Safe and Responsible Gun Ownership

Woman holding a rifle

Tips from a lifelong gun owner and medical professional.

UPMC trauma and critical care surgeon Greg Watson, MD, has spent his life around guns. “I got my first rifle for my 12th birthday,” he recalls. “Growing up in rural central Pennsylvania, that’s something of a rite of passage: it’s when you can apply for a junior hunting license.”

Fourteen years later, after earning his medical degree at the University of Pittsburgh School of Medicine, Dr. Watson went on to enlist in the United States Army. He’s been deployed overseas five times, including four tours in Afghanistan and one in Kenya/Somalia.

Today, in addition to his work as a surgeon, Dr. Watson is chief of general surgery for the Veterans Affairs (VA) Pittsburgh Healthcare System and a colonel in the Medical Corps, U.S. Army Reserves. He also teaches surgery and critical medicine at the University of Pittsburgh School of Medicine.

All that’s to say Dr. Watson has seen his fair share of gun injuries — both stateside and abroad. His experiences have made him a firm believer that gun safety is fundamental to responsible gun ownership.

“Teaching gun safety is a generational tradition in my family. My grandfather taught my dad, and my dad taught me,” says Dr. Watson. “I’m now passing on that knowledge to my three sons and four daughters.”

His cardinal rules for gun safety are:

Treat Every Gun as Though it’s Loaded.

“In the military, I learned that every soldier is personally responsible for their firearm. That meant always being in control of your gun,” says Dr. Watson. “When you weren’t carrying your gun, it had to be safely stored — even if we were just going to dinner.

“Our family stores our guns in locked areas. And if you’re using a gun at night for home protection, it should be locked up before leaving for work the next day,” he says. While you should always treat every gun carefully, and as if it loaded, it’s recommended that guns are stored unloaded for added safety and that ammunition be stored in a separate area.

Know Your Gun — and Practice Using it.

“Every gun is different,” says Dr. Watson. “It’s important to know the components of your gun, how it works, how to safely load and unload it, and how to properly maintain it. It’s also important to regularly practice using your gun so you can aim and shoot with confidence — especially if you’re a first-time gun owner.”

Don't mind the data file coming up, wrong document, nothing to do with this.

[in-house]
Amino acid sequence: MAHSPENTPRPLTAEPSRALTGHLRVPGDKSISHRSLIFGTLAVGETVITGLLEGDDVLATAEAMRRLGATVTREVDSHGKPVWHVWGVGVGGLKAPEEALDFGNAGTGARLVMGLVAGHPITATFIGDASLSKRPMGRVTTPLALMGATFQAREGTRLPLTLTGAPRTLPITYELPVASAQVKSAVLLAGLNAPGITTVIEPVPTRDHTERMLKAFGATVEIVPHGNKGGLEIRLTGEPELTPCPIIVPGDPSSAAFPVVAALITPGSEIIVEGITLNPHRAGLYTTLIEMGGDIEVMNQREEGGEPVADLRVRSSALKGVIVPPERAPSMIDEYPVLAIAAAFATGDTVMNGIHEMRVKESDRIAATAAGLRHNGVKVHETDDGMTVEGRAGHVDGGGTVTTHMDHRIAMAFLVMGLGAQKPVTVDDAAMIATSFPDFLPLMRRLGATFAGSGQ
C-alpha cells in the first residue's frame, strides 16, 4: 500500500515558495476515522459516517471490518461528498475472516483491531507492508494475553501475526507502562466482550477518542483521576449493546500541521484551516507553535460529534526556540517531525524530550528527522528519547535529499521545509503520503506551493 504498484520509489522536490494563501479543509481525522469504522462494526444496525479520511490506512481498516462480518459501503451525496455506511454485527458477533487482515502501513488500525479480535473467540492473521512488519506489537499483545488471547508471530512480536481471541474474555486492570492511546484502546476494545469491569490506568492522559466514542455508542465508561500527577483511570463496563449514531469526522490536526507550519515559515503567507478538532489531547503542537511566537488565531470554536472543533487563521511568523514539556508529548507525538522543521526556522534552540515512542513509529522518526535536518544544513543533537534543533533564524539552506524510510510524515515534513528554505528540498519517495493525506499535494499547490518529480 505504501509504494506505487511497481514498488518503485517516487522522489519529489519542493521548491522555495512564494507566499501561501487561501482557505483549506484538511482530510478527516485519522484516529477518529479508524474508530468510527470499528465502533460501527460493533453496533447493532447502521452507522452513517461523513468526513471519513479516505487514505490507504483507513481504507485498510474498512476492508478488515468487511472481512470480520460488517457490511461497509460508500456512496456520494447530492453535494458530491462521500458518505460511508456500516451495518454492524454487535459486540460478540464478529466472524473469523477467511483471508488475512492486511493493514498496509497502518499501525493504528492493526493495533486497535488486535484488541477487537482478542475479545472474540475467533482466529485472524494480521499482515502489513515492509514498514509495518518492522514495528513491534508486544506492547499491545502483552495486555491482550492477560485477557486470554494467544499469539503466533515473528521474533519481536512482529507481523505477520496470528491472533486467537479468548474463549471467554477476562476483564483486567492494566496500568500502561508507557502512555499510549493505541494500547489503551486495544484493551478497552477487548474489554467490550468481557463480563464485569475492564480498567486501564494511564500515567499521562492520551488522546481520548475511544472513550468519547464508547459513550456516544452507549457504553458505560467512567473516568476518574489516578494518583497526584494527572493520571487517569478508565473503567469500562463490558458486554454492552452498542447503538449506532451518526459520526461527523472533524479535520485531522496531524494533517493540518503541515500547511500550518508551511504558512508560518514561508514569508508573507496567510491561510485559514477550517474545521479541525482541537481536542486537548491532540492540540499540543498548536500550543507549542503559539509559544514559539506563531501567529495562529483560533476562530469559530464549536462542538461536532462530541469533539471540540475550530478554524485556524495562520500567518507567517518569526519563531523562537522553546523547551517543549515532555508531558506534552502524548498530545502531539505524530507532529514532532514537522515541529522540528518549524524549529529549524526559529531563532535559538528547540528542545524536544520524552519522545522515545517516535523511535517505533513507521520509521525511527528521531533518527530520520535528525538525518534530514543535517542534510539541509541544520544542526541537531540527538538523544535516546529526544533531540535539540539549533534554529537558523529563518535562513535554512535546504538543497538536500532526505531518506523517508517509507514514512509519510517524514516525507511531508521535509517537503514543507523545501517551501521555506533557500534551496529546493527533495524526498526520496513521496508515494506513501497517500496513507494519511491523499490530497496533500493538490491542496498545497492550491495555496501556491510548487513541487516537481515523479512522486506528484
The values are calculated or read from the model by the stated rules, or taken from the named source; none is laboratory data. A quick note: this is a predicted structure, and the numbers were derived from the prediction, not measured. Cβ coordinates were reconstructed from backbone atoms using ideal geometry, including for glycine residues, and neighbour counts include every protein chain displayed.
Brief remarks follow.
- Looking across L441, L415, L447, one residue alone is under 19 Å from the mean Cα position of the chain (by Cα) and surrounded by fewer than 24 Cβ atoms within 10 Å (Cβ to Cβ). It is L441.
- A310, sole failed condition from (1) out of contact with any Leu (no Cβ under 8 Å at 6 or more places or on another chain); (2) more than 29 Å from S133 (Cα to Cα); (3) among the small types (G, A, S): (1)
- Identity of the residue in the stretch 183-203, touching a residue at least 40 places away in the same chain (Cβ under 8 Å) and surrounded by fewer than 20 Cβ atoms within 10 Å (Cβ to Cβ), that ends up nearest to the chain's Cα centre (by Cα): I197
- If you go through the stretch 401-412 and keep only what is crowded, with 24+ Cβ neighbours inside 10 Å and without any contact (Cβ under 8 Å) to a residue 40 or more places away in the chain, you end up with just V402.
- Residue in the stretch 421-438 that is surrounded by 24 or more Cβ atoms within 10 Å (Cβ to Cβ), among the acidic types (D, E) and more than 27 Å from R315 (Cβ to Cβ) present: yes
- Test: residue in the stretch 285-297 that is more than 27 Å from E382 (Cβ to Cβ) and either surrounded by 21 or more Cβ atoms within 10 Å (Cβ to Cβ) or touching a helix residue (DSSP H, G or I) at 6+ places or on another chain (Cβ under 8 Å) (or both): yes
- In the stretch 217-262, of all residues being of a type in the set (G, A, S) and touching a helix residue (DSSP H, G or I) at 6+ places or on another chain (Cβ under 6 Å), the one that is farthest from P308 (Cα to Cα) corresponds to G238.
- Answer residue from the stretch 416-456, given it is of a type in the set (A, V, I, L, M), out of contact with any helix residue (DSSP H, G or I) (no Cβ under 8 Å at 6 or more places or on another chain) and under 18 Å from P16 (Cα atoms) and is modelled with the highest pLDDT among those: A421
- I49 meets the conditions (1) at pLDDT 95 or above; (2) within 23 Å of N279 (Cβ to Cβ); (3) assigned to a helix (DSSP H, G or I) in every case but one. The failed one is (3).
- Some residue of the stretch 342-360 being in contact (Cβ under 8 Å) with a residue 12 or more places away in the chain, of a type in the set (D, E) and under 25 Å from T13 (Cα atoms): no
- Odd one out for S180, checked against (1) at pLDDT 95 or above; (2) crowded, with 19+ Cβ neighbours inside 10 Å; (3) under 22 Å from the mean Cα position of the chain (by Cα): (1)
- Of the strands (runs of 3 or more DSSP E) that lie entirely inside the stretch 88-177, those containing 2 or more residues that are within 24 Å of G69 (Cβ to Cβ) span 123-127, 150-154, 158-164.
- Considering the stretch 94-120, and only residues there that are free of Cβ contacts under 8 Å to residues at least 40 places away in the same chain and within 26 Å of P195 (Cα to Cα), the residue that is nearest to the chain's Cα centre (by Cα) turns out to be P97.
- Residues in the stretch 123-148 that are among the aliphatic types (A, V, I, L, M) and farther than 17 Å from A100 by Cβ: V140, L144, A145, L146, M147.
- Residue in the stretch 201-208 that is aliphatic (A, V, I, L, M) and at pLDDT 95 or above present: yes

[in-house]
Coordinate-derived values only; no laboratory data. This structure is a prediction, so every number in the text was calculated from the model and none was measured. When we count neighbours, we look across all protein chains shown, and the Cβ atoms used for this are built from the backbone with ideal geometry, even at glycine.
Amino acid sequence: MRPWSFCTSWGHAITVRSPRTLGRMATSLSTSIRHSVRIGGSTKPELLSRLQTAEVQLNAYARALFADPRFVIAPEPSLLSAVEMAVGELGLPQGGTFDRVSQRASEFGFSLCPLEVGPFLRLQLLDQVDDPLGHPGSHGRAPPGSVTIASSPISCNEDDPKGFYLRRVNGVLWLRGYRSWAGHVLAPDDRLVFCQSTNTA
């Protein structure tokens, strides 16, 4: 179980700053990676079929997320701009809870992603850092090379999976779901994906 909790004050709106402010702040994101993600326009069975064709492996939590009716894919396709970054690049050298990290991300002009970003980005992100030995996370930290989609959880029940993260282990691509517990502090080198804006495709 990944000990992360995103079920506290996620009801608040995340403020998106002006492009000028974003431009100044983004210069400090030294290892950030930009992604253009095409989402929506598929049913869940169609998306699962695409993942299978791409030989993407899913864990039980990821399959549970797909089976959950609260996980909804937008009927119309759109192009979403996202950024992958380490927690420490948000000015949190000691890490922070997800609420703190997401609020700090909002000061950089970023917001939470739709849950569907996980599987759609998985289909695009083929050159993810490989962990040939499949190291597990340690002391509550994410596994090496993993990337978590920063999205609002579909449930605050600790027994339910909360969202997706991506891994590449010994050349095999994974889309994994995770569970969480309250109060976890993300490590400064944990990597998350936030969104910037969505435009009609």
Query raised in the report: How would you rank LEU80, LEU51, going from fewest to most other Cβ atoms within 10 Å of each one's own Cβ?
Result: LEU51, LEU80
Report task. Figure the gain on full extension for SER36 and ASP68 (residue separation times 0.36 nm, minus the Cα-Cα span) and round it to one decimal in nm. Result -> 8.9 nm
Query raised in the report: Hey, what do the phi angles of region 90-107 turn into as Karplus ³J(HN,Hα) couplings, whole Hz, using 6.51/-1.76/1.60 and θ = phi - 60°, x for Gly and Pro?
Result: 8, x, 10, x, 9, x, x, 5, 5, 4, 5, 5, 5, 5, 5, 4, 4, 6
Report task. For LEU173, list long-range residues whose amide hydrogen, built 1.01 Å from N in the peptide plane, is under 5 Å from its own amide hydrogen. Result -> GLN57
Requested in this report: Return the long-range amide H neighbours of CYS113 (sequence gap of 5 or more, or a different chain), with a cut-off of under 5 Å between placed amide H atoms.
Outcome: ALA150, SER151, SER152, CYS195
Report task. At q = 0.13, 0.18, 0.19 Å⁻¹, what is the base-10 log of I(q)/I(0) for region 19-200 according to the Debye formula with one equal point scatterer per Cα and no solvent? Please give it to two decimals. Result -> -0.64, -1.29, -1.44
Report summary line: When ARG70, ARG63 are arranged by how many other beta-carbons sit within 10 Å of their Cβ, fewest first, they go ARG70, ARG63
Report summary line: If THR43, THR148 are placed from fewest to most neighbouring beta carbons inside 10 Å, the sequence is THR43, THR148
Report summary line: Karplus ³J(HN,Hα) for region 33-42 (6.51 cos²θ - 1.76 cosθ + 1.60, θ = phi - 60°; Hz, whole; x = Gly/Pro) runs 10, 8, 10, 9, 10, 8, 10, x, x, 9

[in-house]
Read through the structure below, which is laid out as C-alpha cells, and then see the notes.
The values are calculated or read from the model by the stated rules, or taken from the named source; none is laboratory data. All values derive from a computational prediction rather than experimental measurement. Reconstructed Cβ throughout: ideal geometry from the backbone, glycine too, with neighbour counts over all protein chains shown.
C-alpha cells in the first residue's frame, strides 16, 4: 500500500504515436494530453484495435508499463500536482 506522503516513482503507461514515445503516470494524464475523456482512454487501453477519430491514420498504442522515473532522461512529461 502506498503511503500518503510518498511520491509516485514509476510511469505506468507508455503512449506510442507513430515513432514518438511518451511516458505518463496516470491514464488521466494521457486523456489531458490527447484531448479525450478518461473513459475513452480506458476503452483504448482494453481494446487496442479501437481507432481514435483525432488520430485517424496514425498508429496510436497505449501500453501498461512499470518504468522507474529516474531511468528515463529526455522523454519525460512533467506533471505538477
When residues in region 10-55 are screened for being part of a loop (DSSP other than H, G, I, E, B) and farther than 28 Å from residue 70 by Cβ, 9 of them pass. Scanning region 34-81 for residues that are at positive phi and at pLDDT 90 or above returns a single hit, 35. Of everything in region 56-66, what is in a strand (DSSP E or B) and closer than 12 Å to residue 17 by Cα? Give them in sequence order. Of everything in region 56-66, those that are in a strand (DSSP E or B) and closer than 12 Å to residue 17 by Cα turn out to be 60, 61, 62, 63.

Never Point a Gun in the Direction of Anything You’re Not Willing to Fire at.

Pointing and firing a gun is about more than just an intended target “It’s important to also know what’s beside and beyond your intended mark to avoid hitting an unintended target,” advises Dr. Watson. Gun owners should also know and follow safe handling practices to avoid an accidental discharge.

Never Operate a Firearm While Under the Influence.

“You need to be crystal clear in your thinking and able to react thoughtfully and precisely when handling or firing a gun. You also don’t want to risk being around someone else who has a gun and is under the influence,” says Dr. Watson. It may seem obvious, but alcohol and drug use (including marijuana) clouds your judgment and leads to bad decisions and careless gun handling.

Gunshot Wounds are a Medical Emergency

Gun wounds are especially challenging because injuries often extend beyond what can be seen. “Different types of guns cause different puncture wounds, too,” says Dr. Watson. A gun wound also is impacted by how closely the gun was when fired, the point of entry, and the speed of the bullet. “But every gunshot injury should be treated as a medical emergency,” he adds.

“If you’re in a situation where someone is shot, your first priority is to ensure your own personal safety and call 911 for help,” he says. “You can then focus on trying to stop the bleeding, using strong direct pressure. Use a tourniquet if you know how to apply it correctly. Additionally, don’t move the person, give them food or water, or elevate their legs because you don’t know the extent of internal injuries.”

Dr. Watson is a strong proponent of STOP THE BLEED®. This national initiative encourages members of the public to become trained, equipped, and empowered to help in a life-threatening bleeding emergency. “It’s just phenomenal training that I would recommend to anybody,” he says. An online interactive course is available. UPMC also offers in-person training sessions throughout the year. He also highly recommends that gun owners learn the basics of first aid and CPR (cardiopulmonary resuscitation). “Unpredictable things can and do happen. Having basic first aid training is invaluable in the event of an accident.”